Decision-making skills refer to the ability to choose between two or more courses of action. Loan officers must assess an applicant’s financial information and then decide whether that person is a good candidate for a loan.
Commonly referred to as “people skills,” these refer to the ability to communicate effectively, to listen actively and to work as part of a team. Loan officers must be able to work with people well to guide them through the application process and ensure everything is filled out completely and accurately. Loan officers must also be able to answer questions and provide reassurance throughout the process.
These refer to the math and finance skills that candidates must have to successfully process loans.
Selling is one of the main focuses of this role. If the loan officer works for a large company, they may take calls most of their day and sell potential customers on loan products. They may also work to generate leads of their own. In either case, the loan officer must spend much of the day selling, and therefore must have the ability to assess and start sales or generate leads independently.
Loan officer work environment
Loan officers often work outside the office and meet customers at their homes or businesses. They also work in offices with the following characteristics:
Extended hours sitting at a desk
Using computers, printers, fax machines and other office equipment
Facilitating communication between customers and management
May require travel
Loan officers work in commercial banks and savings institutions and for mortgage companies. Loan officers typically work full time and many work long hours.
How to become a loan officer
These are the steps typically required to pursue a career as a loan officer:
1. Pursue an education.
While some employers will accept candidates who have a high school diploma or GED along with the completion of a certification program, most employers prefer loan officer candidates hold a bachelor’s degree in finance or another similar field. Perform a search for open loan officer positions in your geographic area and determine the level of education required for your immediate area. Obtain that level of education.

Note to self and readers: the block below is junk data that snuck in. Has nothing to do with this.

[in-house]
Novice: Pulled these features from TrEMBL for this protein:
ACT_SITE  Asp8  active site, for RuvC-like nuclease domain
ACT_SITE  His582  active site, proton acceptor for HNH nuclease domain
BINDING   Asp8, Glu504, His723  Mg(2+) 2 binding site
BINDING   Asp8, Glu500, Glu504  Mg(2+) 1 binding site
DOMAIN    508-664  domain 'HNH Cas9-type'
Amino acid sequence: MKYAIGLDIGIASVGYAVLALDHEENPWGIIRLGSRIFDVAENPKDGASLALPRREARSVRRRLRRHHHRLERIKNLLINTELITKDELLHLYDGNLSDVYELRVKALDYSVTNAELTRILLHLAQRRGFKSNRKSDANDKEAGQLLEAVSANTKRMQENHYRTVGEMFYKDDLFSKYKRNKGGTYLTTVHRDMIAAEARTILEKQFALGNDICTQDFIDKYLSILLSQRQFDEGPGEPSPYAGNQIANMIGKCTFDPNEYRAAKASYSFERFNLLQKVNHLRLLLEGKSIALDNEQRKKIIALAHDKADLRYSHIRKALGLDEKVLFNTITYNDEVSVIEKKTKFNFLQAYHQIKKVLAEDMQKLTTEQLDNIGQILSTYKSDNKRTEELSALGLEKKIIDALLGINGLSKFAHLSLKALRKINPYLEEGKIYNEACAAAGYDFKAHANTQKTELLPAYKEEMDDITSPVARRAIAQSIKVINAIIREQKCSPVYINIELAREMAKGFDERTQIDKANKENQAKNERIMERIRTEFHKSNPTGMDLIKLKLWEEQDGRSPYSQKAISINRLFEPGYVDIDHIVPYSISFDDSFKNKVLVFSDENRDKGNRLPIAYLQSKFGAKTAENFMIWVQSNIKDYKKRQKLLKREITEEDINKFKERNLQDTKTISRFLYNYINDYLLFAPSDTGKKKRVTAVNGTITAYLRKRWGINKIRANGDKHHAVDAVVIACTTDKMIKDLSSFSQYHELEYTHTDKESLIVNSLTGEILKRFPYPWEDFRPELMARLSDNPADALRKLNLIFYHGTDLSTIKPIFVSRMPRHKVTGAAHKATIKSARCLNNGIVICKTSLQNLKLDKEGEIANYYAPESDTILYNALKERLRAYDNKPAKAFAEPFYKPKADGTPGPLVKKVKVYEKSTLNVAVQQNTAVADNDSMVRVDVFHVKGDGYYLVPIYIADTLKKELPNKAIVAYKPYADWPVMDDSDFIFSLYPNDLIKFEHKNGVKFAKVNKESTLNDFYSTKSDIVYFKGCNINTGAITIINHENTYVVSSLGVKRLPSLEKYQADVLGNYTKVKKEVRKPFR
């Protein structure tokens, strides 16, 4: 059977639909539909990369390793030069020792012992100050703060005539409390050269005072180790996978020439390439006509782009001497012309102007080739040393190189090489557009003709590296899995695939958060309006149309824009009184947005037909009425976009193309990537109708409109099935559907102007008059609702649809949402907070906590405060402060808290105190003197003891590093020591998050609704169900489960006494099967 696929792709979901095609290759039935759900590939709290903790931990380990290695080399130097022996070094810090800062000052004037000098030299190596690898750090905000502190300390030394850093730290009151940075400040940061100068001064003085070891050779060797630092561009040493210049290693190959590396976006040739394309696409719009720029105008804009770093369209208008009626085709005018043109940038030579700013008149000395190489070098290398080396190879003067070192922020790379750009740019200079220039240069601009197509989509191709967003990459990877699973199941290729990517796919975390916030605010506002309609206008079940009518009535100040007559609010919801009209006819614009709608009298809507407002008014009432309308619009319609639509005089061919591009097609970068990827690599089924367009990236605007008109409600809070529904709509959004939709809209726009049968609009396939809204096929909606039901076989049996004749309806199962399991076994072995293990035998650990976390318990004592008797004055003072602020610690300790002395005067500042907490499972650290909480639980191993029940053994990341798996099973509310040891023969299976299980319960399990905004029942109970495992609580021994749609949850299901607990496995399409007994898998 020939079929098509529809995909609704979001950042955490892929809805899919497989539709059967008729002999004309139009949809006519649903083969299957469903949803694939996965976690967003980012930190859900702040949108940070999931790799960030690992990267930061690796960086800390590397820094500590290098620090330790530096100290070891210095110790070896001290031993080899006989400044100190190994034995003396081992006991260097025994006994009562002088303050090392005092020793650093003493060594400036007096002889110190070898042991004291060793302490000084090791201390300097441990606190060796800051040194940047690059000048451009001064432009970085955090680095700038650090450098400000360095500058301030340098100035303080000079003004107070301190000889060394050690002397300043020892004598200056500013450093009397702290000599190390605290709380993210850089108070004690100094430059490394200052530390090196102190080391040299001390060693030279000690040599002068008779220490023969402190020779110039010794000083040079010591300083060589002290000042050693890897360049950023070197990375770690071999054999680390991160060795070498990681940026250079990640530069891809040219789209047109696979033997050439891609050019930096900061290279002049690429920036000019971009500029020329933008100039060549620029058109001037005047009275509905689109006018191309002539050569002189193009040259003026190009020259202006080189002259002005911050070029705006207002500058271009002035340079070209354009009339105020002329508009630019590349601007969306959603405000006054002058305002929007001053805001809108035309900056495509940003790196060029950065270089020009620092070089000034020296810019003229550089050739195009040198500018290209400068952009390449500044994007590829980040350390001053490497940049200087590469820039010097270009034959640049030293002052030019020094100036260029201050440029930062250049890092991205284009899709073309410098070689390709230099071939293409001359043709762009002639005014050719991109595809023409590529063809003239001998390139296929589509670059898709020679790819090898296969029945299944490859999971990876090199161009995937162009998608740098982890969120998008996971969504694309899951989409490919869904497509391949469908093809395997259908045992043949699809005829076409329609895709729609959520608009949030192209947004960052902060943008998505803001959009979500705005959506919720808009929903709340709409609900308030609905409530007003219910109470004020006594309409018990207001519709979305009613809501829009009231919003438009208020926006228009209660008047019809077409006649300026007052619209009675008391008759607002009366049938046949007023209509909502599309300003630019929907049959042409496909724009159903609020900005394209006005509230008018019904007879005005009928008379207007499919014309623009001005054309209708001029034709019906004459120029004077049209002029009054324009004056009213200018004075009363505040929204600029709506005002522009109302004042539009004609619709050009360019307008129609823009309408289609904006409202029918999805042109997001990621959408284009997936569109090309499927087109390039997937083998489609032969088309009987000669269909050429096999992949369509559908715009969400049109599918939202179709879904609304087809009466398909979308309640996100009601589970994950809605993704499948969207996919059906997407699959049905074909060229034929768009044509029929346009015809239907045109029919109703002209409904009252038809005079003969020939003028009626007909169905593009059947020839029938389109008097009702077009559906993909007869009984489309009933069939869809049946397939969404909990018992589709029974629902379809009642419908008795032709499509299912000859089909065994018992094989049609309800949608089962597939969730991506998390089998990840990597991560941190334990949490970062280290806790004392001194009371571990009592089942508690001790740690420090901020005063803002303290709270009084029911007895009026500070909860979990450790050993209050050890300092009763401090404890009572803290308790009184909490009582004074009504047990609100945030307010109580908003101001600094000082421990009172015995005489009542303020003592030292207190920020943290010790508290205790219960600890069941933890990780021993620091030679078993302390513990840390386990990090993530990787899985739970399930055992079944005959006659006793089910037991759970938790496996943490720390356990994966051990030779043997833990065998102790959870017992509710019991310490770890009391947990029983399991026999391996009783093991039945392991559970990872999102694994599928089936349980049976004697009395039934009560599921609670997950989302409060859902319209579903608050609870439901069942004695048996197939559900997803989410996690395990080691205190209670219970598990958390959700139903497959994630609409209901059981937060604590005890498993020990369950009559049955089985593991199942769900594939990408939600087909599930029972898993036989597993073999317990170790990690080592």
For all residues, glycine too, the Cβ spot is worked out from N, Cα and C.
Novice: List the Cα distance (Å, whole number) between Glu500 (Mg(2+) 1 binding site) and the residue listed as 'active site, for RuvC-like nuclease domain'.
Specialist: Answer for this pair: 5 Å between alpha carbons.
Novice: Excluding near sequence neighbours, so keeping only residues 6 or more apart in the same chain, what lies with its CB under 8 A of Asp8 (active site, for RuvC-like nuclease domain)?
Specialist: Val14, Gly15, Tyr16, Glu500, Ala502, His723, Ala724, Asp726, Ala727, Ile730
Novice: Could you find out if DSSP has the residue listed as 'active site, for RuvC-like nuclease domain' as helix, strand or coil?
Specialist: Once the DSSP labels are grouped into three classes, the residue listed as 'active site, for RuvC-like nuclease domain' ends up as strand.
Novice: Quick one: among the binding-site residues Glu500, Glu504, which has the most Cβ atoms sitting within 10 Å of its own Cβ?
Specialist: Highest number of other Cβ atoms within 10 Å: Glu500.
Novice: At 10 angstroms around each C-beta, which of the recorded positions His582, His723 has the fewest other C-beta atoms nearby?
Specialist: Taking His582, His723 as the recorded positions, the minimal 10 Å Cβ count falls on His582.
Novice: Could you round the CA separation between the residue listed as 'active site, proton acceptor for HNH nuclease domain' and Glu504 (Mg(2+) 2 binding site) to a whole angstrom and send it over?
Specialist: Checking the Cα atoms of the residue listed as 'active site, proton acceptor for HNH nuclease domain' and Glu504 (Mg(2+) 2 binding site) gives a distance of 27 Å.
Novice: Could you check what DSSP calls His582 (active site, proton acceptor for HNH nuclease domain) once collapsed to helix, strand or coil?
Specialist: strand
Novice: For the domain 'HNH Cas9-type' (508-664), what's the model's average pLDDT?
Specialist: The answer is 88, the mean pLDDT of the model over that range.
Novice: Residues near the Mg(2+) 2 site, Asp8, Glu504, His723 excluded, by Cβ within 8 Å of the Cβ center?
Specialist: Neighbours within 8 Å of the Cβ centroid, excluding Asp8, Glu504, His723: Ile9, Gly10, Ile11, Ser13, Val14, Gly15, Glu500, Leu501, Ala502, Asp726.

2. Obtain a license.
If you intend to purpose a position as a mortgage loan officer, you will need a license. Though not required, you may also want to consider a CMB certification to show your dedication and make yourself more competitive in the job market.
3. Update your resume.
When you have the required education or certifications and a license — if you intend to be a mortgage loan officer — update your resume. Include your highest level of education, your relevant work history and your transferrable skills. For each position, highlight the skills you used in previous roles that further qualify you for a loan officer position.
4. Apply for jobs.
Perform a search of open loan officer positions in your geographic area and identify the roles for which you are most qualified based on your education and experience. If you need more experience, look for loan officer assistant roles before seeking a loan officer position. Apply for the positions using your newly updated resume and a cover letter that you have customized for each role.
Loan officer job description example
Easy Street Mortgage Co. is seeking a loan officer to join its team. The loan officer will be responsible for verifying, compiling and inputting application information for our clients’ mortgage loans. They will be expected to be knowledgeable about all of our loan products and advise customers regarding a loan that will best meet their needs. Candidates are expected to have applicable state licensing. The ideal candidate will have a minimum of two years of experience and strong interpersonal skills and attention to detail.